According to Northern Arizona lawyers,
Cunningham has a clean bill of health.
Bayles reels off traits of Cunningham that
he calls “old-fashioned.”
“He has the ability to listen. He’s a per-
son of principle with a razor-sharp intellect.
He won’t be pushed around, and he’s able to
bring others along. A born leader.”
“Whitney is always up for the large case
and the hard case. But he’s egalitarian and
doesn’t just gravitate to the high-profile
Bayles was one of those in the conference
room when the new law grad interviewed
at Aspey. But the Flagstaff lawyers quickly
found that they liked the East Coast-trained
“He didn’t bring any elevated Eastern
arrogance. He’s never full of himself, though
he has reason to be.”
“Show, don’t tell,” the teacher instructs.
Relatedly, “Specific, not general,” banquet
listeners silently implore.
Too often, those lessons remain
unlearned. Addressing the annual
Foundation luncheon at the June Bar
Convention, though, Cunningham opted
to be specific and down-to-earth. Kind of
old fashioned, you might say.
Facing hundreds of lawyers, he knew
most all wanted to help close the gap in
access to justice. Some, though, simply may
not have known how to get started.
The original debater marshaled his
evidence and provided five ways to make a
difference. They ranged from taking pro
bono cases or limited-scope representation,
to becoming a Foundation Fellow, or even
ghost-writing legal papers for an unrepresented person.
The detail he provided (including websites) revealed a man committed to change,
as soon as possible. He sought to remove
obstacles to participation, and in so doing
help as many Arizonans as possible.
“He has a heart for service,” Don Bayles
says. Service with a punch list, it turns out.
The man who is now President had a surprising start on the big Bar Board.
“Fritz Aspey walked into my office,”
recalls Cunningham. “He said Charlotte
Wells is having to step down from the Board
of Governors [as she had been named a
Judge]. You’re gonna run for the Board.
And I said, No I’m not. And he said, You
are, and I’ll be your campaign manager.”
“Whit wasn’t an overly ambitious guy
when it came to his initial run for the
Board,” says Bayles, sharing in the under-
statement. “His petition was a last-minute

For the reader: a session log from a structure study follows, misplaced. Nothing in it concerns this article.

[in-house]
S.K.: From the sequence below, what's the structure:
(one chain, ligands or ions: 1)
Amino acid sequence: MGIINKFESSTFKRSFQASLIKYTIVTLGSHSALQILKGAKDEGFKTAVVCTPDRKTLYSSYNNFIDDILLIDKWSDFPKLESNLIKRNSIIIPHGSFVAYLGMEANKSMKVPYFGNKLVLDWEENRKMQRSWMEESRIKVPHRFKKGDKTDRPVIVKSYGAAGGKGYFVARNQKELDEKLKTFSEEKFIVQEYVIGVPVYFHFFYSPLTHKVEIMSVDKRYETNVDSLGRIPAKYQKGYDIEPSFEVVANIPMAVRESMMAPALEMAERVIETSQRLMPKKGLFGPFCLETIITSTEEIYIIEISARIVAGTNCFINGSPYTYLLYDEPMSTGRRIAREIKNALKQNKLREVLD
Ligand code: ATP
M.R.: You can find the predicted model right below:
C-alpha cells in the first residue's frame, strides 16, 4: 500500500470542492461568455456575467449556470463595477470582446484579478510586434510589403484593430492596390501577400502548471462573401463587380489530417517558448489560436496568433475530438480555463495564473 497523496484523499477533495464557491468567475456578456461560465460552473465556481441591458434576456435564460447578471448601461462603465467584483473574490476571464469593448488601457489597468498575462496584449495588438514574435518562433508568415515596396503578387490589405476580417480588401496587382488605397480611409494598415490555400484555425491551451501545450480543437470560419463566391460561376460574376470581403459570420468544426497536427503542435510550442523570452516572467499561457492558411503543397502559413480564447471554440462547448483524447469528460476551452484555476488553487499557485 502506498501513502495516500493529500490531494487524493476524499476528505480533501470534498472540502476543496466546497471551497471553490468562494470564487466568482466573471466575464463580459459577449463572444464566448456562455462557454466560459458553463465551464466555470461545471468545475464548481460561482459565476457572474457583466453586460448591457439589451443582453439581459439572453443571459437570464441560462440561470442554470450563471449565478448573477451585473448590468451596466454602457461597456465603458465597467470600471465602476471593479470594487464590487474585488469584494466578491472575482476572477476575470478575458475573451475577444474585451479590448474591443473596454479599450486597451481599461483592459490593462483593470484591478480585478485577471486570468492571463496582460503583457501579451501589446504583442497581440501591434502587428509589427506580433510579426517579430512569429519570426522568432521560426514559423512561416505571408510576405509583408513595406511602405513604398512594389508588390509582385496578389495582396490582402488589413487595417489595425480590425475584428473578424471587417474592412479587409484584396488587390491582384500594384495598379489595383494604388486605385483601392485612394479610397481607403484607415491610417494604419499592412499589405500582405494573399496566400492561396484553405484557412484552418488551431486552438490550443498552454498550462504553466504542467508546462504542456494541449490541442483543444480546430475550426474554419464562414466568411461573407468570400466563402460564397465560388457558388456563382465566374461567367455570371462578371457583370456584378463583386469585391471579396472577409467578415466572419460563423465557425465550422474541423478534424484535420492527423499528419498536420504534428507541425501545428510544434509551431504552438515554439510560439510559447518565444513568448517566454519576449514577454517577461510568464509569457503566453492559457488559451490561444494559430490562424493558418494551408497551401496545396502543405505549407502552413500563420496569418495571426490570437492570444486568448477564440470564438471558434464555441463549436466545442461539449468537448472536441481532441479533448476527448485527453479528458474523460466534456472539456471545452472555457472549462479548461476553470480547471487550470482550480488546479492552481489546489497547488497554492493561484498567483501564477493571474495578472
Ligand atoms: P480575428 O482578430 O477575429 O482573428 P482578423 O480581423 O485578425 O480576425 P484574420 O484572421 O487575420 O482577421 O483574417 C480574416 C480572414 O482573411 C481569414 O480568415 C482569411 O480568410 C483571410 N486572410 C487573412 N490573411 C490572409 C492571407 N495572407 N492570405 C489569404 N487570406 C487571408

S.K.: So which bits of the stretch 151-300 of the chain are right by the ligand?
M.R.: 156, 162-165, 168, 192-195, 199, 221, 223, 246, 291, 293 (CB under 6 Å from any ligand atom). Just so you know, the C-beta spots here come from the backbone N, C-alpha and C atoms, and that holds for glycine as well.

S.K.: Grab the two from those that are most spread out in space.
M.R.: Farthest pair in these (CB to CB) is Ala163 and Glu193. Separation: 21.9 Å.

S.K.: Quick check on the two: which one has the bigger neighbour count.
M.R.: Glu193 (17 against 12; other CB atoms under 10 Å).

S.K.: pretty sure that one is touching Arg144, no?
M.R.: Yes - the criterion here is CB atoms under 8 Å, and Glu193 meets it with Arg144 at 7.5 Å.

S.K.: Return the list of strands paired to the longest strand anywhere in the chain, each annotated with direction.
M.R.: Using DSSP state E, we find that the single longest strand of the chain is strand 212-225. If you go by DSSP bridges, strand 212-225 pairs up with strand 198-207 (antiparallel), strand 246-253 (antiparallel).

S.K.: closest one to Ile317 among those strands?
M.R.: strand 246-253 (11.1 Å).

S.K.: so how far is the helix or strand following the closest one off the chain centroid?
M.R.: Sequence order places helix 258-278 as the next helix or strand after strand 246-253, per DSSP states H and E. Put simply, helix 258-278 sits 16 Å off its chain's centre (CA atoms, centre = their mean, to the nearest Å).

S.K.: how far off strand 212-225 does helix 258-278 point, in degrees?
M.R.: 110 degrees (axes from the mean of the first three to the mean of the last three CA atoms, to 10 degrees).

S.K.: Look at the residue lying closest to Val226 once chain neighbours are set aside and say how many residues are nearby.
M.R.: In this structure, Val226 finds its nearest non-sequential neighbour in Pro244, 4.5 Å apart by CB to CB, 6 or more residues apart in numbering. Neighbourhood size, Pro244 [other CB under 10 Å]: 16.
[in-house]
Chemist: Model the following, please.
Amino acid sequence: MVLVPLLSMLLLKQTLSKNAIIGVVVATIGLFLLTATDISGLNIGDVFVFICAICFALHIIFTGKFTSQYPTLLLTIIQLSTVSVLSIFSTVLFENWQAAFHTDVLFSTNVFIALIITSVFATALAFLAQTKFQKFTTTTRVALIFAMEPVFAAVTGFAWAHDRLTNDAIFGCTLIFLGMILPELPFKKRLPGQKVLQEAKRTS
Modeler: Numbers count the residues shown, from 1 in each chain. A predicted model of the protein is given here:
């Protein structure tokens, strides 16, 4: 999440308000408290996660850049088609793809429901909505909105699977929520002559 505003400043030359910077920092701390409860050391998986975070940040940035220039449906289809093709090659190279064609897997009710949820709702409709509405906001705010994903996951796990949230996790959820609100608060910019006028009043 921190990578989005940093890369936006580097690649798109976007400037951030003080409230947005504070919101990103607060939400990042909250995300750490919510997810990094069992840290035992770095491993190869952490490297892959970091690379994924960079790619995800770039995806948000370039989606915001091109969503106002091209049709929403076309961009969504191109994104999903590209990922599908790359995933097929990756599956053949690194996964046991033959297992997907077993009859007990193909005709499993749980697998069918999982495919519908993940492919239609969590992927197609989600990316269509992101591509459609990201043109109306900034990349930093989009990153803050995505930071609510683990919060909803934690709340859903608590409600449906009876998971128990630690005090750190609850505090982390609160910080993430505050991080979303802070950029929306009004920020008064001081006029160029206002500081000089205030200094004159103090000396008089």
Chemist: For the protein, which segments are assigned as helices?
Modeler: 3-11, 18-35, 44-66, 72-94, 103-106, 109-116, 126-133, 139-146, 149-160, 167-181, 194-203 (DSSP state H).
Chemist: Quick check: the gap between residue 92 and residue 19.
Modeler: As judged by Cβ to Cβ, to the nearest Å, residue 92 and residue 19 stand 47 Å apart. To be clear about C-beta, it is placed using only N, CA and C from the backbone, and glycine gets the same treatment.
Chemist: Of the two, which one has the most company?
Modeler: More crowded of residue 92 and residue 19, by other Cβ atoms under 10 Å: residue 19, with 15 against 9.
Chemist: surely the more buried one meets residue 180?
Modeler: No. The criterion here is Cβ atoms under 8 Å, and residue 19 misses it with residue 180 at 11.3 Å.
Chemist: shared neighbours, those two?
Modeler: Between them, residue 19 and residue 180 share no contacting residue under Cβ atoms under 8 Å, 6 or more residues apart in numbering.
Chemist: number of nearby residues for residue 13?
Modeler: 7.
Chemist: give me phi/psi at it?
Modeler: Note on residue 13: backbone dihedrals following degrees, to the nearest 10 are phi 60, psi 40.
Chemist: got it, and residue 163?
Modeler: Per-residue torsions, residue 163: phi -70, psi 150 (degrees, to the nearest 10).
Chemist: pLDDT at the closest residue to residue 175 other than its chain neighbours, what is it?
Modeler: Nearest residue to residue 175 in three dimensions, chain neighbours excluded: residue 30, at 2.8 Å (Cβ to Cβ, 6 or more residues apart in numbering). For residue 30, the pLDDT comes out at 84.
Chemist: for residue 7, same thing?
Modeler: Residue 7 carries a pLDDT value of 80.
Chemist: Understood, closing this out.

thing that just met barely the filing require-
ments (he may have faxed in a
minimalist petition five minutes before the
A narrow win (and landslides since)
brought Cunningham to conversations
broader than he had experienced in a town’s
“My eyes were opened to a world that I
had not previously known. These were real-
ly high-quality lawyers sitting around a
table, hotly debating topics but in a way
which was collegial and professional. I was
on board immediately. I loved it.”
In practice and on the Board, Bayles
praises Cunningham: “He is not one to see
limitations. ‘Just get it done.’” He adds that
the new President “has the unusually nice
trait to refrain from complaint.”
He will need both of those skills as
he leads in the coming year. Before
Cunningham describes his year’s goals, he
points out that he seeks to revamp the way
the Board meets—less often, but for
longer—to ensure the Governors focus on
significant and substantial issues rather than
the “humdrum of business.”
Not surprisingly, the lifelong debate stu-
dent wants more “healthy debate on matters
of strategic importance.”
“That’s where we’re at our best.”
The first goal he lists is to establish a task
force on succession planning for lawyers and
Nationwide and in Arizona, an aging
lawyer population and “a more transitory
lawyer population than probably at any time
in our history” may create pressures and
challenges for clients and occasionally the
State Bar. The task force will examine best
practices and make proposals.
Another area of focus will be the estab-
lishment of a working group on CLE topics.
It will examine the offerings of the Bar’s CLE
Department along with those of Sections.
He believes the result will be improved offer-
ings to meet “the specialized needs of the
Finally, he expects additional progress
from a task force established a year ago that
is focused on green issues and sustainability.
(His wife Jennifer Mott was named chair of
the task force by a previous Bar President).
“We seek to define and deliver to members some ideas on how we can practice law
in a more economically and environmentally
Trial lawyers and debate pros. The very best
of them are probably a little bit cowboy and a
little bit rancher. They know and keep track of
every head of cattle, and so can appreciate
fences and boundaries. But they know success
sometimes requires surprise and the occasional trust in instinct. Corrals are great, but the
open plain is where cases and competitions